LONDON– The end of one of the worst downturns in the history of oil of gas may be in sight, as OPEC’s November meeting looms large – bringing with it fresh hopes of a production cut and consequent market rebalancing. In this context, Douglas-Westwood (DW) has recently undertaken analysis of 15 major upstream companies to understand prospects for the industry should there be a near-term upswing in oil prices.
Since the downturn began, cutting capex across all business segments has been one of the primary methods of improving profitability and free cash flow for E&P companies. Spend in the first nine months of 2016 was around 45% lower than that of 2014, DW found. Over the same period, cash flow from operating activities has been squeezed, as falling oil prices have reduced revenues and price hedges have expired.
Despite the downturn, international oil companies’ (IOC) dividend pay-outs have remained fairly steady. The analyst found this to be due to an emphasis on maintaining investor confidence in future performance, thus sustaining access to liquidity and credit. However, IOCs have had to pay a heavy price, cutting capex, selling assets, and increasing debt, with free cash flows generally turning negative, despite relatively strong downstream performance.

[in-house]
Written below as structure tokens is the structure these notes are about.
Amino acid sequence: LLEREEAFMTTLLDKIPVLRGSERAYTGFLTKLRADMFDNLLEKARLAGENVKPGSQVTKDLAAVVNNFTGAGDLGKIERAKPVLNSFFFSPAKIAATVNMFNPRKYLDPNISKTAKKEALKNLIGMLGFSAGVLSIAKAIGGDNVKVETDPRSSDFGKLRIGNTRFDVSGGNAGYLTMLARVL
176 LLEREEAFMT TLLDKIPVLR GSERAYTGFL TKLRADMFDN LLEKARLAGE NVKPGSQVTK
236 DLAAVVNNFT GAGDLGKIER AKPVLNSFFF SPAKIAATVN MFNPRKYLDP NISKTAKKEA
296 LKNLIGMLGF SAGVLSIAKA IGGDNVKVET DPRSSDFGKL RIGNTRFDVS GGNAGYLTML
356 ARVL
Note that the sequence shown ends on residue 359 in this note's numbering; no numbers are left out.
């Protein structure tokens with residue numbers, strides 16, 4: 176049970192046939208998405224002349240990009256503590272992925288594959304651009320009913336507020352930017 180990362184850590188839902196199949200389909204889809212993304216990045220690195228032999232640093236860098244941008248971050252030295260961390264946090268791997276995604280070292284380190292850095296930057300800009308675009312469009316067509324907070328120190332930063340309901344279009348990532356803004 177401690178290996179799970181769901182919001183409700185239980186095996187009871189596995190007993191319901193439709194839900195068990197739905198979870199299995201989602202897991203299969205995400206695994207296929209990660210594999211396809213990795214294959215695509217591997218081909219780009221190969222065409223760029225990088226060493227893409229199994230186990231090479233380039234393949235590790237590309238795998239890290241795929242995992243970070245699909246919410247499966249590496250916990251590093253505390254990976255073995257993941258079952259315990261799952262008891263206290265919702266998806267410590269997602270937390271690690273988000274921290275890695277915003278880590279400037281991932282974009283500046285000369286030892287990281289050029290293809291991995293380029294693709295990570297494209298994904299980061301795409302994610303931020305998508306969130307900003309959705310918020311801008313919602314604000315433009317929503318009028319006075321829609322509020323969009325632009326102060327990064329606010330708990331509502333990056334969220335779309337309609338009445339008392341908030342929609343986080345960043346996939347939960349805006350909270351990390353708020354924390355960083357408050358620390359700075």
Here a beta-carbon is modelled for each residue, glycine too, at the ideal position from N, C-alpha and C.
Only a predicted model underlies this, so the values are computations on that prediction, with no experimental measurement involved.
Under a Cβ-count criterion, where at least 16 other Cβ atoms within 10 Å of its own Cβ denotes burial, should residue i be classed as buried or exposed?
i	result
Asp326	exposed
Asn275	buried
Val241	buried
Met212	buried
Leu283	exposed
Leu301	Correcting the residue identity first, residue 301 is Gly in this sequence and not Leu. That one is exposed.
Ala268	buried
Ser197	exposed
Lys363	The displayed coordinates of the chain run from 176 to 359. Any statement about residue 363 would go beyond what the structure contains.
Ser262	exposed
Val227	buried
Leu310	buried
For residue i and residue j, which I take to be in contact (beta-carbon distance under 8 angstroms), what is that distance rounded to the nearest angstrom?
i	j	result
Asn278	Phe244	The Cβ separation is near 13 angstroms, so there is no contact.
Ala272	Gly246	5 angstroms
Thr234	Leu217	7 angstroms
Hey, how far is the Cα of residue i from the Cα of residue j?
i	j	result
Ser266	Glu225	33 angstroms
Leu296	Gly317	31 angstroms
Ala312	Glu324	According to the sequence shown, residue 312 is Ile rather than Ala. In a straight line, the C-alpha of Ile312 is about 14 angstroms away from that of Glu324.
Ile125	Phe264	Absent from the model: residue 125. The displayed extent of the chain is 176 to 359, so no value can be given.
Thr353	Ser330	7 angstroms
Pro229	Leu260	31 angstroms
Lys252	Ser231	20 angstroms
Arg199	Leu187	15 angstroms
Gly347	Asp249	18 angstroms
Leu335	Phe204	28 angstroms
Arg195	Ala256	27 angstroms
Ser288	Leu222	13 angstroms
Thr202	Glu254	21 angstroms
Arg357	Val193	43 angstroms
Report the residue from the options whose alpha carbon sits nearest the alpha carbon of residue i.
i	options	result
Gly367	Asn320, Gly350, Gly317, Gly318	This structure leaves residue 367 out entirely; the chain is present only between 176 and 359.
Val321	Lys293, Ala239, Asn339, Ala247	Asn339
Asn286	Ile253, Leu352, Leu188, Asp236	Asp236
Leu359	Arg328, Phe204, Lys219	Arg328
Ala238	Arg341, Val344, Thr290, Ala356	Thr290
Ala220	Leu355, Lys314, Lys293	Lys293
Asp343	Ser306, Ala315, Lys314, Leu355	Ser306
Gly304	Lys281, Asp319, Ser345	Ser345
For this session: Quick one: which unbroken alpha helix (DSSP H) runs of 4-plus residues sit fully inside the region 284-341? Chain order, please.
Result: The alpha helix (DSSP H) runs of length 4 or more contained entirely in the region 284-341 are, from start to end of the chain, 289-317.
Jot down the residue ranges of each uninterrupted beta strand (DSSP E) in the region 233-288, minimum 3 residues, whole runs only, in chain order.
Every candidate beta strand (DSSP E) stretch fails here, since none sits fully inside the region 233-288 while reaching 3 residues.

While IOCs’ free cash flows have generally made movements back to neutrality in 3Q 2016, onlyShell, ExxonMobil, and Chevron have returned to the black. Given that dividend payments are unlikely to be cut by the group, a significant uptick in oil price after OPEC’s meeting will be required to spur new large-scale investment.
Non-OPEC national oil companies (NOC), on the other hand, have generally been quick to cut dividend payments during the downturn, alongside capex reductions, as greater emphasis is placed on profitability and free cash flow. Of the 15 companies studied by DW, national oil companies (NOC) had the highest free cash flow in 3Q 2016, amounting to $10 billion.
As a result, DW found this group is particularly well-placed in the current market, as well as being able to quickly react to any improvements in project economics in the wake of the OPEC meeting.